Business of Baseball Reportby Brian Borawski
January 31, 2007
Yankees, Mets Head International Excursions
Latin America and Japan have become hotbeds for baseball talent. As more and more teams explore opening baseball facilities in foreign countries that are already know for their baseball talent, a few teams are breaking new ground in places they hope to find talent to stock their teams.
The New York Yankees announced last week that they’ll be sending some top front office personnel to China. Yankees president Randy Levine and general manager Brian Cashman will be heading overseas to both promote the Yankees brand as well as explore the possibility of opening a baseball academy in China.
Not to be outdone by the Yankees, New York Mets general manager Omar Minaya is leading a contingent that will head to Ghana in West Africa. He’ll be taking some big names with him as well; Dave Winfield, Bob Watson, Dusty Baker, Reggie Smith and Dave Stewart will all be going with him. The plan is to donate some baseball equipment, do a survey of the land so they can look at building some baseball fields and hopefully set up a four-team little league. Minaya was impressed with Ghana’s performance at the soccer World Cup, and he’s hoping to harness some of that athleticism and hopefully turn it into baseball talent.
Blue Jays Add Gulf Coast League
The Toronto Blue Jays added a sixth affiliate when they joined the Gulf Coast League just months after they abandoned their team in the shrinking Appalachian League. There was a lot of speculation as to how the Blue Jays would manage their franchise with just five affiliates, but it looks like they answered the question by just switching venues. The minor league team will play at the Blue Jays' Spring Training facility in Dunedin, FL.
The Appalachian League still hasn’t figured out what, if anything, it will do with only nine teams. It’s definitely going to make scheduling difficult with one team off at all times, but the idea of having a team of non-drafted players fell through when the nine teams in the league decided they didn’t want to pay for it.
Lack of Public Transportation Near New Stadium Doesn’t Deter A’s Owner
The Oakland Athletics are wrapping up their traffic and parking plan for their prospective ball park in Fremont, CA. At a private luncheon, Athletics’ owner Lew Wolff didn’t provide details, but he did offer assurances that the traffic issues would be handled. One particular concern was that the area’s public transportation system, the Bay Area Rapid Transit (BART), had its closest station four miles from the ballpark's planned site. Wolff seemed to think that this wouldn’t be an issue because most people would drive to the ballpark anyway.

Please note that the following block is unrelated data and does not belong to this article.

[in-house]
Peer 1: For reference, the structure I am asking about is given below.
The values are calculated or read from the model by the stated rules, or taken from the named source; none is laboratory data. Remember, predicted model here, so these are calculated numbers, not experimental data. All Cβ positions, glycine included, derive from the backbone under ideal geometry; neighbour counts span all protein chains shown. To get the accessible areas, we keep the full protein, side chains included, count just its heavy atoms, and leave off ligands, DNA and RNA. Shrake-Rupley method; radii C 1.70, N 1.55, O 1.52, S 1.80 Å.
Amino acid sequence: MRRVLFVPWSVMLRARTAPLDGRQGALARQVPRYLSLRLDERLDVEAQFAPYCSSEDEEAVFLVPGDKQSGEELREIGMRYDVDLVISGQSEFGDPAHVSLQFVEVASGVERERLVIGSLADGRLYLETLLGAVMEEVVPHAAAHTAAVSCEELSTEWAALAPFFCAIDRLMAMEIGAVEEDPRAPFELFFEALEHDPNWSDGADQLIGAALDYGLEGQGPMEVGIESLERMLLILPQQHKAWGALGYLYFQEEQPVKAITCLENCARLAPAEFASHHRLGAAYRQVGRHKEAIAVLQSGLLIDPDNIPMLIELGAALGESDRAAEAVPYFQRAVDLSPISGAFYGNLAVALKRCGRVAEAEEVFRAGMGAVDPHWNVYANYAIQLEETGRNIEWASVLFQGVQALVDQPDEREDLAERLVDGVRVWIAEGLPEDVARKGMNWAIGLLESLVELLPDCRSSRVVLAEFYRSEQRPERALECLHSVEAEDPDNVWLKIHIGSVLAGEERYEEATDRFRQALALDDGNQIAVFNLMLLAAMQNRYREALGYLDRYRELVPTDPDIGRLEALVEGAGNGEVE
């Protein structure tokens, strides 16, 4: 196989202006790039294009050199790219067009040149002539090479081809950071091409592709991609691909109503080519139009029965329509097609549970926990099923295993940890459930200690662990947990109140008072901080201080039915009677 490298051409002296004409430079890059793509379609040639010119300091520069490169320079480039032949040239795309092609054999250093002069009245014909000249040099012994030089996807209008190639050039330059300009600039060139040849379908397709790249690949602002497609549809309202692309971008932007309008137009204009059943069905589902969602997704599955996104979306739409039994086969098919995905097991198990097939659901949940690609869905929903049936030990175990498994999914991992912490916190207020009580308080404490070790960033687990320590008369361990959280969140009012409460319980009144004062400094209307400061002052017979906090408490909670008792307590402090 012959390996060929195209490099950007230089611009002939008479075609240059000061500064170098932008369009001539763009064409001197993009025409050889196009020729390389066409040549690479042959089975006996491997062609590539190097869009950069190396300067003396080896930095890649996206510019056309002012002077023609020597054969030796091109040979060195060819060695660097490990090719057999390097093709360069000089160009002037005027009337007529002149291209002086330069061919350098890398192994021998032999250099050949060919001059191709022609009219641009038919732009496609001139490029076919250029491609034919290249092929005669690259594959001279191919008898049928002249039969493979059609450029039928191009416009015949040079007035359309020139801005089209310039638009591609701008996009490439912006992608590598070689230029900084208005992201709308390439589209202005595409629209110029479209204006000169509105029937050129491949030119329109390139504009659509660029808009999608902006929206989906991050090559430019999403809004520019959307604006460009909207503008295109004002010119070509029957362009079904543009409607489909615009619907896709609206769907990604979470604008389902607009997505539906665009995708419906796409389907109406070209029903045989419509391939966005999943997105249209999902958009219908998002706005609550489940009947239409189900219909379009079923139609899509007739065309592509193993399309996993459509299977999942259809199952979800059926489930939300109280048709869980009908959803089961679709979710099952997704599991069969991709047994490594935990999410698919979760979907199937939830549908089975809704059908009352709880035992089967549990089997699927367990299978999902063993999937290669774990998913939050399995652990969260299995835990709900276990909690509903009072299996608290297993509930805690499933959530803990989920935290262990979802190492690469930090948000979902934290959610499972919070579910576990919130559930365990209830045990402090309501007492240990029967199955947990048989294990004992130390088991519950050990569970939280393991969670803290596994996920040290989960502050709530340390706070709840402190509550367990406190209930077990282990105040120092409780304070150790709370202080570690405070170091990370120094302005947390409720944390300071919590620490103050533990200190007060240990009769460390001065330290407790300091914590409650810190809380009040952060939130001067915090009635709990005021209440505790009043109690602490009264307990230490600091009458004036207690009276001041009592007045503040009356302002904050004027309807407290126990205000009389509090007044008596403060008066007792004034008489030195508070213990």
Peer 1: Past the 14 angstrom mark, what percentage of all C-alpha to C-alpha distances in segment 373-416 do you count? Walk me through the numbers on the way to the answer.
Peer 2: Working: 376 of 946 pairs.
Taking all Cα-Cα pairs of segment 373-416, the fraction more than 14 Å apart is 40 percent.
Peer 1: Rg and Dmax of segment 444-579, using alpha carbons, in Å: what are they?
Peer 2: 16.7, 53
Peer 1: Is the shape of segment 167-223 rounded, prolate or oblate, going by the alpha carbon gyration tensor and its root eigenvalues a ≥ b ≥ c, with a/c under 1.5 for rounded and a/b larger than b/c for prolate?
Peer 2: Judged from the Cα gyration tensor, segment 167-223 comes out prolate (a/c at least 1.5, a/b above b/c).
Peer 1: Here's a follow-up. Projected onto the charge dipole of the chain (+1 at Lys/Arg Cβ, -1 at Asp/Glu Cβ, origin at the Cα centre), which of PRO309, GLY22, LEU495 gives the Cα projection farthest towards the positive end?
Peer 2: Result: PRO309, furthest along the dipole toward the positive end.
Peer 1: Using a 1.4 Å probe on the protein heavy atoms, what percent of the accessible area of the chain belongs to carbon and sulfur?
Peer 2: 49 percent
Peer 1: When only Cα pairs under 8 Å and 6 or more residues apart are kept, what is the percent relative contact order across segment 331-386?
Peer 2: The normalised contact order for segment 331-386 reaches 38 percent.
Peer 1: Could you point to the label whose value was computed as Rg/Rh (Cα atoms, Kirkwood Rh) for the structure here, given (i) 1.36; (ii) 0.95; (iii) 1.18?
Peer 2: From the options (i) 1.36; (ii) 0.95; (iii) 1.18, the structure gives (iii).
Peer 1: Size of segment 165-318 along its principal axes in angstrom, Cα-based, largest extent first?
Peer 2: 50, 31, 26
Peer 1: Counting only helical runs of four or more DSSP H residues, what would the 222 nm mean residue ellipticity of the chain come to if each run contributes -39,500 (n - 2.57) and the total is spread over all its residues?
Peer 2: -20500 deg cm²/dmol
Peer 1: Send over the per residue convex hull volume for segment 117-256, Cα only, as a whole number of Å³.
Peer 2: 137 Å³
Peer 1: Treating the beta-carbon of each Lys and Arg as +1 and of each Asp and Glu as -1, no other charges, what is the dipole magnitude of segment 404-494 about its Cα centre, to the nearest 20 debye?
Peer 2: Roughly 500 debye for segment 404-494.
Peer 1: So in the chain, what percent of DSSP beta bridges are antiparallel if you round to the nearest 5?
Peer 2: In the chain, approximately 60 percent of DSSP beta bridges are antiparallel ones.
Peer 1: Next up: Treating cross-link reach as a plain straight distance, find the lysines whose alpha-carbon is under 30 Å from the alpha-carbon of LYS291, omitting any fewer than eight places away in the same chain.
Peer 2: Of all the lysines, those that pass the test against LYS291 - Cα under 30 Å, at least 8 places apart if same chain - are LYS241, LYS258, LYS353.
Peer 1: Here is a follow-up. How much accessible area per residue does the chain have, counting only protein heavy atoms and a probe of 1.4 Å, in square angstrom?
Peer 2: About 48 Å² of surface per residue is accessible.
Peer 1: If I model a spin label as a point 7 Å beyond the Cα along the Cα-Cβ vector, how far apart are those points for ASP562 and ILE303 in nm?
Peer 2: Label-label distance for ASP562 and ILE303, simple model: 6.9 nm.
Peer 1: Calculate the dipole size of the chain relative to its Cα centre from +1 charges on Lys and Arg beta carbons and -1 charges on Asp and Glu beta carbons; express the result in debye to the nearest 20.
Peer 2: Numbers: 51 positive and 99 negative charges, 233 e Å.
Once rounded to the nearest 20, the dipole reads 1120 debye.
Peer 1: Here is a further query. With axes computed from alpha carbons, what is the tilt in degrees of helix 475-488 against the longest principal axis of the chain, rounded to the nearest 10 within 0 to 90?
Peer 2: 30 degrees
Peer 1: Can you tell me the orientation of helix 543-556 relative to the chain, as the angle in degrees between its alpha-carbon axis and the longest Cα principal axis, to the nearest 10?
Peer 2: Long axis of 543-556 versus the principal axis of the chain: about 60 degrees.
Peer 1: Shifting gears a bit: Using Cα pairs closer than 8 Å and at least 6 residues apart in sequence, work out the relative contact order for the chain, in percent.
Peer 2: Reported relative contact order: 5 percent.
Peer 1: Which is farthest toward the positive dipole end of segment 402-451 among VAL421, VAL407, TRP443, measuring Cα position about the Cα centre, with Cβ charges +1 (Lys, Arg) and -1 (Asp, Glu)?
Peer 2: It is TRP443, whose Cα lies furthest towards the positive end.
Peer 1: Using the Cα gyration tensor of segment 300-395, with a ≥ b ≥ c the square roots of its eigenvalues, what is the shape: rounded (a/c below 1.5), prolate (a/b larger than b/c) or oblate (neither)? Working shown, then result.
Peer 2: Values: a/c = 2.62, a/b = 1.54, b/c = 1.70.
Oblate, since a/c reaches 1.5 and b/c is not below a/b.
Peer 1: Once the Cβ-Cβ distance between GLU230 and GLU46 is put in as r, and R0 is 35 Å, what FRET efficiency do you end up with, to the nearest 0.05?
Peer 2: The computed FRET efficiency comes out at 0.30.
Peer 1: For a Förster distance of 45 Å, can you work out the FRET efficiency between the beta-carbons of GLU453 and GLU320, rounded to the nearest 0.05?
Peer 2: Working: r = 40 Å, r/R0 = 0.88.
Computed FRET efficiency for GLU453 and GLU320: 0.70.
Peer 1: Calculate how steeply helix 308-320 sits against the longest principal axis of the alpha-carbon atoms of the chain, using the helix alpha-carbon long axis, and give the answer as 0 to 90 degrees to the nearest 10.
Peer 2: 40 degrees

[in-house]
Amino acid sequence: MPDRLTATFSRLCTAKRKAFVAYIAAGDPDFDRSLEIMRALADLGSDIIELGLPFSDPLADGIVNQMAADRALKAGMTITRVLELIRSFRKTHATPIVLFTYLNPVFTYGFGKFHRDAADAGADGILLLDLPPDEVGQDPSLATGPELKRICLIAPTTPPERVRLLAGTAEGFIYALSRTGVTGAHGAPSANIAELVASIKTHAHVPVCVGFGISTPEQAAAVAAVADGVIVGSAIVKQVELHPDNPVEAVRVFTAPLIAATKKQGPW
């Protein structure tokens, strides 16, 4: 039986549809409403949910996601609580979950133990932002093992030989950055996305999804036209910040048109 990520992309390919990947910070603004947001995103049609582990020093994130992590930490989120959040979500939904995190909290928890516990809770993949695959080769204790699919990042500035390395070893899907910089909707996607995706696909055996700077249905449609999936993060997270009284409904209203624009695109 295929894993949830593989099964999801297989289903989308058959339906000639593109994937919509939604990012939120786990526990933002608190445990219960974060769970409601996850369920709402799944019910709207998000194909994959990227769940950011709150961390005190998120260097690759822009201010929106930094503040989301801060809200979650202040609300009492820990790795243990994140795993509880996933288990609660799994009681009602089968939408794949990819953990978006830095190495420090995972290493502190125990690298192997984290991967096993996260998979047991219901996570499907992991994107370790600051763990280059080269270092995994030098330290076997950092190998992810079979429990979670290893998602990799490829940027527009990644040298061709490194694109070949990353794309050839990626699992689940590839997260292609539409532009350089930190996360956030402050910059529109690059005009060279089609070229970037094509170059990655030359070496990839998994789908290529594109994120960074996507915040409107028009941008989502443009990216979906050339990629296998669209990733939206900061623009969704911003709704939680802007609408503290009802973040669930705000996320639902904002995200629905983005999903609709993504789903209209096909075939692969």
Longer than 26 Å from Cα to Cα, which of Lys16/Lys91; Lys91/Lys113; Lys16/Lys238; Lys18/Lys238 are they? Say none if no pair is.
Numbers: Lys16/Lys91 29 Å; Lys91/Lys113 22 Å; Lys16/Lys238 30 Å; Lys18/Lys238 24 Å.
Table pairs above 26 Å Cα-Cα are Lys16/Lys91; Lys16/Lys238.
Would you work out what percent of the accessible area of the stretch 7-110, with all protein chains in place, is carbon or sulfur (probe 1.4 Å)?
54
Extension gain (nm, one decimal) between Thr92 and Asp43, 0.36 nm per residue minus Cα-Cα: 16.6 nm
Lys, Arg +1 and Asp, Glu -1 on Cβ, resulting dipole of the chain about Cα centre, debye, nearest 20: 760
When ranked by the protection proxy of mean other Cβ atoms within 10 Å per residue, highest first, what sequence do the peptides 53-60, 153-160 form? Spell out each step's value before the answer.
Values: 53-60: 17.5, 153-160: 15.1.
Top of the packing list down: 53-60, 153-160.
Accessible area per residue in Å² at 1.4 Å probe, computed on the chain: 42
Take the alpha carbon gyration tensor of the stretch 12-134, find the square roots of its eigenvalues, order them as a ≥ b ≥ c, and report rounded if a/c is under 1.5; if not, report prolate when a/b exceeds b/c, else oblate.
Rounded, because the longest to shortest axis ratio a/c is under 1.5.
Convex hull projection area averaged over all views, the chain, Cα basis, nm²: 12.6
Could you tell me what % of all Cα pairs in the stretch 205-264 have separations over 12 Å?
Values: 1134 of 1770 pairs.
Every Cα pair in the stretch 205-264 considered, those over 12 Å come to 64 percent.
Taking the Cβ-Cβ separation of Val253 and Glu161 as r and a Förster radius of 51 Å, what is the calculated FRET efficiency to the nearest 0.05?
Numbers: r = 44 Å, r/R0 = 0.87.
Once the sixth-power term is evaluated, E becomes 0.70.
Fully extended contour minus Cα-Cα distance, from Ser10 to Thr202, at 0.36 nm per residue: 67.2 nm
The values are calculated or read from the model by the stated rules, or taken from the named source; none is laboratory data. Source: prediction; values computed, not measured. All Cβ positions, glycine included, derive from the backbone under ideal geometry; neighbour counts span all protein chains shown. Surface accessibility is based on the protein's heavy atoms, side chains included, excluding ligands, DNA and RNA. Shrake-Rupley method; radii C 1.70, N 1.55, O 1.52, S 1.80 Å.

Former Cardinals GM Bing Devine Passes
Bing Devine, the architect of the World Series champion 1964 and 1968 Cardinals, passed away last week at the age of 90. His best deal is also probably one of the most lopsided trades in baseball history: in a six-player deal in June 1964, he aquired Lou Brock for practically nothing. He was also credited with bringing Bob Gibson, Curt Flood and Dick Groat into the fold that resulted in two World Series win for the Cardinals.
MLB, DirecTV Closer to Fruition
Maury Brown at Bizofbaseball.com recently unveiled some additional details on the deal between MLB and DirecTV that will make the satellite television company the exclusive distributor for the Extra Innings package. One thing I found interesting was that the deal might include both Arizona Fall League games as well as minor league games. That would be particularly appealing to a baseball enthusiast.
Of course there’s still a lot of people who will be shut out of the Extra Innings package, and this is addressed in a great column by Richard Sandomir at The New York Times.
Tigers Stick With Toledo Through 2010
I touched on this at Tigerblog, but the Tigers extended their agreement to keep the Toledo Mud Hens as the team’s Triple-A affiliate. Toledo has been the Tigers' Triple-A affiliate since 1987, and the Tigers now have an agreement with all but one of their minor league affliates through 2010. Only their Double-A affiliate, the Erie Seawolves, is not locked up as long; the Seawolves' agreement extends through 2008.
Royals Take Stadium Renovation to Whole New Level
The Kansas City Royals are looking to install a new high tech video coaching system that will run close to $1 million. While this isn’t too surprising (most of the other major league teams already have one) what is a surprise is that the Royals want this to fall under the $250 million in stadium renovations that the county is paying for. Give the Royals some credit. By eliminating some cameras and other items, they were able to get the price tag down from $1.2 million to $900,000. It sounds like some people are up in arms while some people really don't care.
Brian Borawski is a member of SABR's Business of Baseball Committee and writes about the Detroit Tigers at his own website, TigerBlog. He welcomes comments, questions and suggestions via e-mail.